A little gem from Optimus Prime's mate (in that Transformers insurance ad): low budget, high concept. A brilliant reveal early doors sets up a lovely hour about thoughts, priorities, an evil teacher and a dramatic mime accident, with some of the best callbacks at the Fringe.
Offbeat comedy intercut with pop covers from a man dressed as a cat.
Police Cops have been refining their fast-paced gag-packed style over the last decade, and this consistently funny musical is their best work yet. 90 minutes of laughs, mined in inventive ways. Catch the show now before the now inevitable West End transfer.
Comic conceits that massage you with an elegantly convoluted vocabulary and their wholesome vibes. This is a life affirming high water mark of what can be achieved in stand-up, beyond calculated tragic tales and pneumatic drill dick jokes.
Melons is an uplifting deep dive into Robin Ince's influences, why he fell in love with comedy and the many, many gig anecdotes he has amassed over the years. An joyful hour of positivity and a celebration of comedy itself.
Salma Hindy and Danielle Deluty both grew up in strict religious households (Muslim and Orthodox Jewish respectively) and are both, as a result, relative newcomers to the worlds of love and sex. This impressive debut celebrates these parallel journeys, alongside the strong bond they've formed with each other.
One of the 2023 Fringe's best stories. A mixed bill show run every day by two of the late comic's mates, it's had queues round the block, raised loads for Gareth's young family, and many memorable moments as the Fringe stars pay tribute.
A one-woman tour-de-force from the Brooklyn-based comedian/singer/Daily Show writer, about a tete-a-tete with her suddenly strapping second cousin. Warning: may include early-season Succession spoilers.
The dependably wild night out is back at the 2023 Fringe and - now with an improved guest-booking policy - it's better than ever.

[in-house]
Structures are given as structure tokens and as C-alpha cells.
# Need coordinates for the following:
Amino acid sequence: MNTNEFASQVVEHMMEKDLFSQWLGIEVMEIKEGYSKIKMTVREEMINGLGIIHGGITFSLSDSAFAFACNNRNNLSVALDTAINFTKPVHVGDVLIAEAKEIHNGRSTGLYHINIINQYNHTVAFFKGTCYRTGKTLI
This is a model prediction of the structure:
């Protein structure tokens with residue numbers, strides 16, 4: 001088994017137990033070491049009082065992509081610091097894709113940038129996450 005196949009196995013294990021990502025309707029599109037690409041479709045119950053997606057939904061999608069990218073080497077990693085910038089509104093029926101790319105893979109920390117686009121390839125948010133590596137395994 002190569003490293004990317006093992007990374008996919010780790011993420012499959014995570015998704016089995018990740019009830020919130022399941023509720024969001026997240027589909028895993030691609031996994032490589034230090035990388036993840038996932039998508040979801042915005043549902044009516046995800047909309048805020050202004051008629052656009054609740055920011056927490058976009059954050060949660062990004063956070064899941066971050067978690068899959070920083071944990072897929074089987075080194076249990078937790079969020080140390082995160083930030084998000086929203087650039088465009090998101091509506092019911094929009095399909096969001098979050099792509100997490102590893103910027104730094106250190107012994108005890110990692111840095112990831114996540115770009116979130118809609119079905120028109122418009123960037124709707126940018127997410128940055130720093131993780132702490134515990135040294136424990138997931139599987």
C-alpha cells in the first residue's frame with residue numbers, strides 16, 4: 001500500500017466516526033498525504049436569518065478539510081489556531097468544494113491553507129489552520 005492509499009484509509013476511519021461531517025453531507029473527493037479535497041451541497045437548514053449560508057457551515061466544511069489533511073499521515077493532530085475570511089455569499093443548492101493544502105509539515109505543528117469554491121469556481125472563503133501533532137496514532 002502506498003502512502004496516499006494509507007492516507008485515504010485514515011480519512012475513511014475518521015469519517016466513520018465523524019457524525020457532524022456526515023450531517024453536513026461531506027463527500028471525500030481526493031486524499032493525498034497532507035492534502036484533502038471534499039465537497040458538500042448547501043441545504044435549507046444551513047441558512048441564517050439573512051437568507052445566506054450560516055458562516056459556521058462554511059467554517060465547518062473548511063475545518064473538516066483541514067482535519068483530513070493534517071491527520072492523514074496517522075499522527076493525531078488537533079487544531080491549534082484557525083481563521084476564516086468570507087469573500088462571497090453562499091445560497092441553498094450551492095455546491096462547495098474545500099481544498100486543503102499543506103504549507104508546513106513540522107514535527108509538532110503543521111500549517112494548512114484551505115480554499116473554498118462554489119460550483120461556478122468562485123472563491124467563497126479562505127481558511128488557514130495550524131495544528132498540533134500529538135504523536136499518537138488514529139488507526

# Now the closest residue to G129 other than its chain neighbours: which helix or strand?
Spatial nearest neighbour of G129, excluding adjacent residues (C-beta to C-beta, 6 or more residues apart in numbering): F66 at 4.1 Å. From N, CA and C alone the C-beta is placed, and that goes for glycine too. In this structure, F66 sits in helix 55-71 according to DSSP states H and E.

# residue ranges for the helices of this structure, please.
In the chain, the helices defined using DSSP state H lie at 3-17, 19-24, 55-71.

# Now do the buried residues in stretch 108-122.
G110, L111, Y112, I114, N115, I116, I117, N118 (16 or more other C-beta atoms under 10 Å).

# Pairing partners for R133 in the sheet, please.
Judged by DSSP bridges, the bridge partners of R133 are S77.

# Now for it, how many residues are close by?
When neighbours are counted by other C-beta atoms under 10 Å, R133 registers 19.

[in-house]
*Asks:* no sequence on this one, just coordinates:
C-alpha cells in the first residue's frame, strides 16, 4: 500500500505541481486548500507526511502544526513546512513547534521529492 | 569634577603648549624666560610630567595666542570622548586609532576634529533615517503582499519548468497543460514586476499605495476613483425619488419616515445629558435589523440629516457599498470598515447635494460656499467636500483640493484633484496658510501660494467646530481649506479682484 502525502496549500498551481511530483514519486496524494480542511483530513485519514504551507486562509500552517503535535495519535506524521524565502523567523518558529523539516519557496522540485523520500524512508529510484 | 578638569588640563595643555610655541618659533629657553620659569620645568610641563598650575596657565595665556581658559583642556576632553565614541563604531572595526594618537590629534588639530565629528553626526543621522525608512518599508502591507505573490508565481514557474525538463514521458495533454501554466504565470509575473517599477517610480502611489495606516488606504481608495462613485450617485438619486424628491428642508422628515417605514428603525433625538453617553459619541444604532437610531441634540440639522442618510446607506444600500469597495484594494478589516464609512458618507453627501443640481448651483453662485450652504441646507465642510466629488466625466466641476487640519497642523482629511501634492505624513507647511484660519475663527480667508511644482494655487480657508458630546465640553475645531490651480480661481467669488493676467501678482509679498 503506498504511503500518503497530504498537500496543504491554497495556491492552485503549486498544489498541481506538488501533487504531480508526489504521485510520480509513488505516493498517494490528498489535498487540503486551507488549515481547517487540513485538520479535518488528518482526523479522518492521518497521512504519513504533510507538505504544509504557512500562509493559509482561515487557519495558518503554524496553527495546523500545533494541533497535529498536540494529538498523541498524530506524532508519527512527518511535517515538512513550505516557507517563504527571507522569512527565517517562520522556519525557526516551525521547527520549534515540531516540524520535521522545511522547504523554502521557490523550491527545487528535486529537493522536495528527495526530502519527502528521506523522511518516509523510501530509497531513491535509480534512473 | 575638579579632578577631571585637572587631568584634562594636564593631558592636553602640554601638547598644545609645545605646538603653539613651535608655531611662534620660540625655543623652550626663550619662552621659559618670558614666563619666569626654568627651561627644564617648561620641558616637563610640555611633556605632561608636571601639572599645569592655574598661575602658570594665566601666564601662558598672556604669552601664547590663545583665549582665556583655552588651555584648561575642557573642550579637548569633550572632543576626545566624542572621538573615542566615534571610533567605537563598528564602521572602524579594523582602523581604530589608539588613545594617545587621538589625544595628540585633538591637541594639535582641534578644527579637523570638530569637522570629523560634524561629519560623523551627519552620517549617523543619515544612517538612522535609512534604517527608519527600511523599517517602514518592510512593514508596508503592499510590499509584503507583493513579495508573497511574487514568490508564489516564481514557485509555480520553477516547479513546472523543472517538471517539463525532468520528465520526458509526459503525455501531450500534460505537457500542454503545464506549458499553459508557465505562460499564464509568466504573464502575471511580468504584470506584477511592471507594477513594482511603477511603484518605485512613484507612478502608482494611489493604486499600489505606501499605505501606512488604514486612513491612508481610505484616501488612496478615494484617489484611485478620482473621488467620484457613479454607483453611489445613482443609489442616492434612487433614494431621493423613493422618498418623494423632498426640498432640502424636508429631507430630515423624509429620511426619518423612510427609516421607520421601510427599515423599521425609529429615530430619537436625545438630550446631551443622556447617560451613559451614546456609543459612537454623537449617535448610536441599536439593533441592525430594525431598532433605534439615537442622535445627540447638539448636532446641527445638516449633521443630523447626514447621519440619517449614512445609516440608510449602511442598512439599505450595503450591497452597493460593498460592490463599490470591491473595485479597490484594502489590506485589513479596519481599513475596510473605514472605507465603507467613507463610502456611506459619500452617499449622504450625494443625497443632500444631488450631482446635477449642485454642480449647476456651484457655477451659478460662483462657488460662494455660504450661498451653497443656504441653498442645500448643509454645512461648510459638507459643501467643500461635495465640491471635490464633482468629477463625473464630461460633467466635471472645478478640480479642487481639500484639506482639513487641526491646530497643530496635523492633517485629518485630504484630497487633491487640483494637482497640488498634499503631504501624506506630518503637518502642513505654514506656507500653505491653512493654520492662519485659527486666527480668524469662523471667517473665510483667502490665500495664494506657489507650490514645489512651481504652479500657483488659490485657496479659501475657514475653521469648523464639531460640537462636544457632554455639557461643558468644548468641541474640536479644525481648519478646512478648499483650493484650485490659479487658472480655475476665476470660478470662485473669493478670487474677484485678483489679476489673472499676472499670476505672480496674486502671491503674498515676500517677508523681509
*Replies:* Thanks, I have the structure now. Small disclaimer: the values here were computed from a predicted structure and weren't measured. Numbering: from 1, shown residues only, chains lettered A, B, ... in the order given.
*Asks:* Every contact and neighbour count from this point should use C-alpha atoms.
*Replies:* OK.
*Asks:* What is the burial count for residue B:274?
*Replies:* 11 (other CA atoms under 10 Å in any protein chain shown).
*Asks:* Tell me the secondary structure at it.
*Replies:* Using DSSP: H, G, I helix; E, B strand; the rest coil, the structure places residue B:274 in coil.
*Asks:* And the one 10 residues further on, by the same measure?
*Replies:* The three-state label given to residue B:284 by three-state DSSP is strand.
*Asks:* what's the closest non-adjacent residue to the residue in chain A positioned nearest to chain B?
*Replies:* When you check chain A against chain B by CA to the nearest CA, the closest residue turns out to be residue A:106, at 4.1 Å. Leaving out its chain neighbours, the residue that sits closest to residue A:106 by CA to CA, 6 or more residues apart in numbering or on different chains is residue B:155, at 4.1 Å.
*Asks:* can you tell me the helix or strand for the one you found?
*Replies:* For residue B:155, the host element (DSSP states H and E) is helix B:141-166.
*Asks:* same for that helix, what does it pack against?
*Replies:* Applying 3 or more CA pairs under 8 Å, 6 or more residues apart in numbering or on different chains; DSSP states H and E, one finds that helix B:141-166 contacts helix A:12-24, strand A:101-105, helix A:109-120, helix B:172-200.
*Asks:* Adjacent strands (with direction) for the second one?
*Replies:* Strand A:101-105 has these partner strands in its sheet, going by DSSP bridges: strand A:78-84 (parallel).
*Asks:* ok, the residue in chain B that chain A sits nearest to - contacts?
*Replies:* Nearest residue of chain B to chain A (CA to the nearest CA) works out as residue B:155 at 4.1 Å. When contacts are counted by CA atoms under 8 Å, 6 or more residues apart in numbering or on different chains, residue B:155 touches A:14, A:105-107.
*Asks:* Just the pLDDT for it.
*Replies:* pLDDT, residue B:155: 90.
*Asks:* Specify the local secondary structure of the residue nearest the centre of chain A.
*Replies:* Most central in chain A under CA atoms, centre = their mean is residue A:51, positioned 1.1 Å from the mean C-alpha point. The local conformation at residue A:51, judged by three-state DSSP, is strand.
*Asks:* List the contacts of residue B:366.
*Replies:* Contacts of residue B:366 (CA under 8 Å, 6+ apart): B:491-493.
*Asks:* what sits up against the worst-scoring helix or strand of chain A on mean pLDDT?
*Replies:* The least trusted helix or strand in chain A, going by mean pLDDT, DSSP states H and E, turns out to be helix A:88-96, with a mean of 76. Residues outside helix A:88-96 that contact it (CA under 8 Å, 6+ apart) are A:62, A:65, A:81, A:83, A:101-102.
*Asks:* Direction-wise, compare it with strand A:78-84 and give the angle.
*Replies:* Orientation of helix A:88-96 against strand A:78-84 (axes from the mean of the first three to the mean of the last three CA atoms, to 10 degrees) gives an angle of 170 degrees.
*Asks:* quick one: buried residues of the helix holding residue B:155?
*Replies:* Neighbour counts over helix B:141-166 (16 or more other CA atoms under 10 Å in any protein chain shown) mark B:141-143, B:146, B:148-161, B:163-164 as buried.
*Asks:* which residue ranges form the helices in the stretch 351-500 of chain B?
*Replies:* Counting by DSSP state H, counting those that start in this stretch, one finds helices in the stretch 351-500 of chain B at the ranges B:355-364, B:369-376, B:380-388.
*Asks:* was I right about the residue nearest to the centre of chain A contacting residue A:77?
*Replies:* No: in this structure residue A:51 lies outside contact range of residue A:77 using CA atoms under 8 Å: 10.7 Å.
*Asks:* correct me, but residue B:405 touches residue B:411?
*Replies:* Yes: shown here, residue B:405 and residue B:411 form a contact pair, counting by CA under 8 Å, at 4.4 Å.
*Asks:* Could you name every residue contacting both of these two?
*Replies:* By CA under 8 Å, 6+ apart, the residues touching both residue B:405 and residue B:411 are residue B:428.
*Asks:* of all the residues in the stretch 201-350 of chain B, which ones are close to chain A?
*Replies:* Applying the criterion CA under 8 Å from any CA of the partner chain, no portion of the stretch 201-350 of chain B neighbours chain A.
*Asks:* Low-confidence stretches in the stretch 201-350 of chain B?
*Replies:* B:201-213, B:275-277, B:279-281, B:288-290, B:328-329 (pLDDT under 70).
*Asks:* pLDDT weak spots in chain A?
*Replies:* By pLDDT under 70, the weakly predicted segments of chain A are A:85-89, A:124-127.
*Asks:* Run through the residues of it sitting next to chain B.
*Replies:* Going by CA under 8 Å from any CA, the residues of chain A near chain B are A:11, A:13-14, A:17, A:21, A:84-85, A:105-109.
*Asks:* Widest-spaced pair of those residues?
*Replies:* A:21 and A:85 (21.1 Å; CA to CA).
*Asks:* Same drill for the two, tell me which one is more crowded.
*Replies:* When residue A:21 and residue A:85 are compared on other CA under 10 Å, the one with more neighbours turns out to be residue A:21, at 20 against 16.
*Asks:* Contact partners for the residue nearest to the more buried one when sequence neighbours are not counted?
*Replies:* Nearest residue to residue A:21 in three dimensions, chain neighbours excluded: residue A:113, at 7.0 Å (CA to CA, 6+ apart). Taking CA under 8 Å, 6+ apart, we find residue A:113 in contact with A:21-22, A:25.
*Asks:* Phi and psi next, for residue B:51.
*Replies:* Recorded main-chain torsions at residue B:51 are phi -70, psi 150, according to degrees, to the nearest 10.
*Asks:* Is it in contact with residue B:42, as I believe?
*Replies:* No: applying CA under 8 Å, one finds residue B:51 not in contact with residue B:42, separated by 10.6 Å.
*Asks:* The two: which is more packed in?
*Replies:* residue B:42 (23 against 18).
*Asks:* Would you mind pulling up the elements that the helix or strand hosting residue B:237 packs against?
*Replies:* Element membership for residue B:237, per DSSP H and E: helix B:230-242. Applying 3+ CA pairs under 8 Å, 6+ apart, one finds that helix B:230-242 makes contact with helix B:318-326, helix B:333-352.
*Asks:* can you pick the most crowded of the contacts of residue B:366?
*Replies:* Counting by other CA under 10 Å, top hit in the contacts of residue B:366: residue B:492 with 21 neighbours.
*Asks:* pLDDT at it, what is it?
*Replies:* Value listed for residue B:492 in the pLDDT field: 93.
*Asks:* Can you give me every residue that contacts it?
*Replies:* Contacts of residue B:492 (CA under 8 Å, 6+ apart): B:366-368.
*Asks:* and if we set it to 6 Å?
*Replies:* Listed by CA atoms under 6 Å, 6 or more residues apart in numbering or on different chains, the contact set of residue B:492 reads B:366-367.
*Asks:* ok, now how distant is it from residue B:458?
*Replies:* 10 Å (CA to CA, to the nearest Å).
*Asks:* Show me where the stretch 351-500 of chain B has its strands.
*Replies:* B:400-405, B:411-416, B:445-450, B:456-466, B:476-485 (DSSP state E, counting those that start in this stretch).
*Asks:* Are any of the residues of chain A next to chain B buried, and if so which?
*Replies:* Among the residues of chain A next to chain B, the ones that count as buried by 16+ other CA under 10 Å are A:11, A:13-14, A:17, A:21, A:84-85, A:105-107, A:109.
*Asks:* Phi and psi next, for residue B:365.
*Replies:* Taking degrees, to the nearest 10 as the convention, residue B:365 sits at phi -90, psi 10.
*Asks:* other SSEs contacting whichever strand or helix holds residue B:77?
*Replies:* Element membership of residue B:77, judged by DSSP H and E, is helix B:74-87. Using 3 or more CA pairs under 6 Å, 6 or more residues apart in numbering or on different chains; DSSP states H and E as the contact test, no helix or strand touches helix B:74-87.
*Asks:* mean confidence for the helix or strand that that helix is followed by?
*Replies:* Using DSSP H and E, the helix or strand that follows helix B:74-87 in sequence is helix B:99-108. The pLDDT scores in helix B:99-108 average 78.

A lovely pre-lunch 45 from the Swansea stand-up, in Edinburgh's chilliest venue, switching happily from the local to the global, from dodgy shops to neurodiversity - and with a different opener doing their best 15, too.
A show to enlighten people about autism. Also featuring dog priest communion, crab communication, and an unusual way to eat yoghurt.
Fans of The Comedian's Comedian podcast will know that Stuart Goldsmith is an extremely affable, incisive interviewer, and he applies the same energy to his live performances. A consummate comic craftsman, the jokes come thick and fast; the climate theme woven into a beautifully structured show.
Untrustworthy Stuart Laws takes off the gilet and abandons the fibbing film-flam to reveal his true personality. Yet somehow manages to cram in just as much tight, discombobulating nonsense as in those previous hours where he built his cult comedy reputation. Reality, therapy and Thank You For Driving Safely signs whizz past in a blur during this quirky but consummate hour of packed over-confidence.
Punchline, punchline, punchline, punchline... with highlights from a clipboard. Break-up shows are rarely this self reflective or hilarious.
John Robertson has, over the years, been refining this format - a show in which players must shout out options as they try to navigate a text-based video game he controls - to the point it is now a very safe bet for anyone looking for some anarchic laughs. Every day is different... it was the fourth attendance in a row for the couple sitting next to us.
Riotous hour of personal and political stand-up. A joy to witness when in full flow as he is here.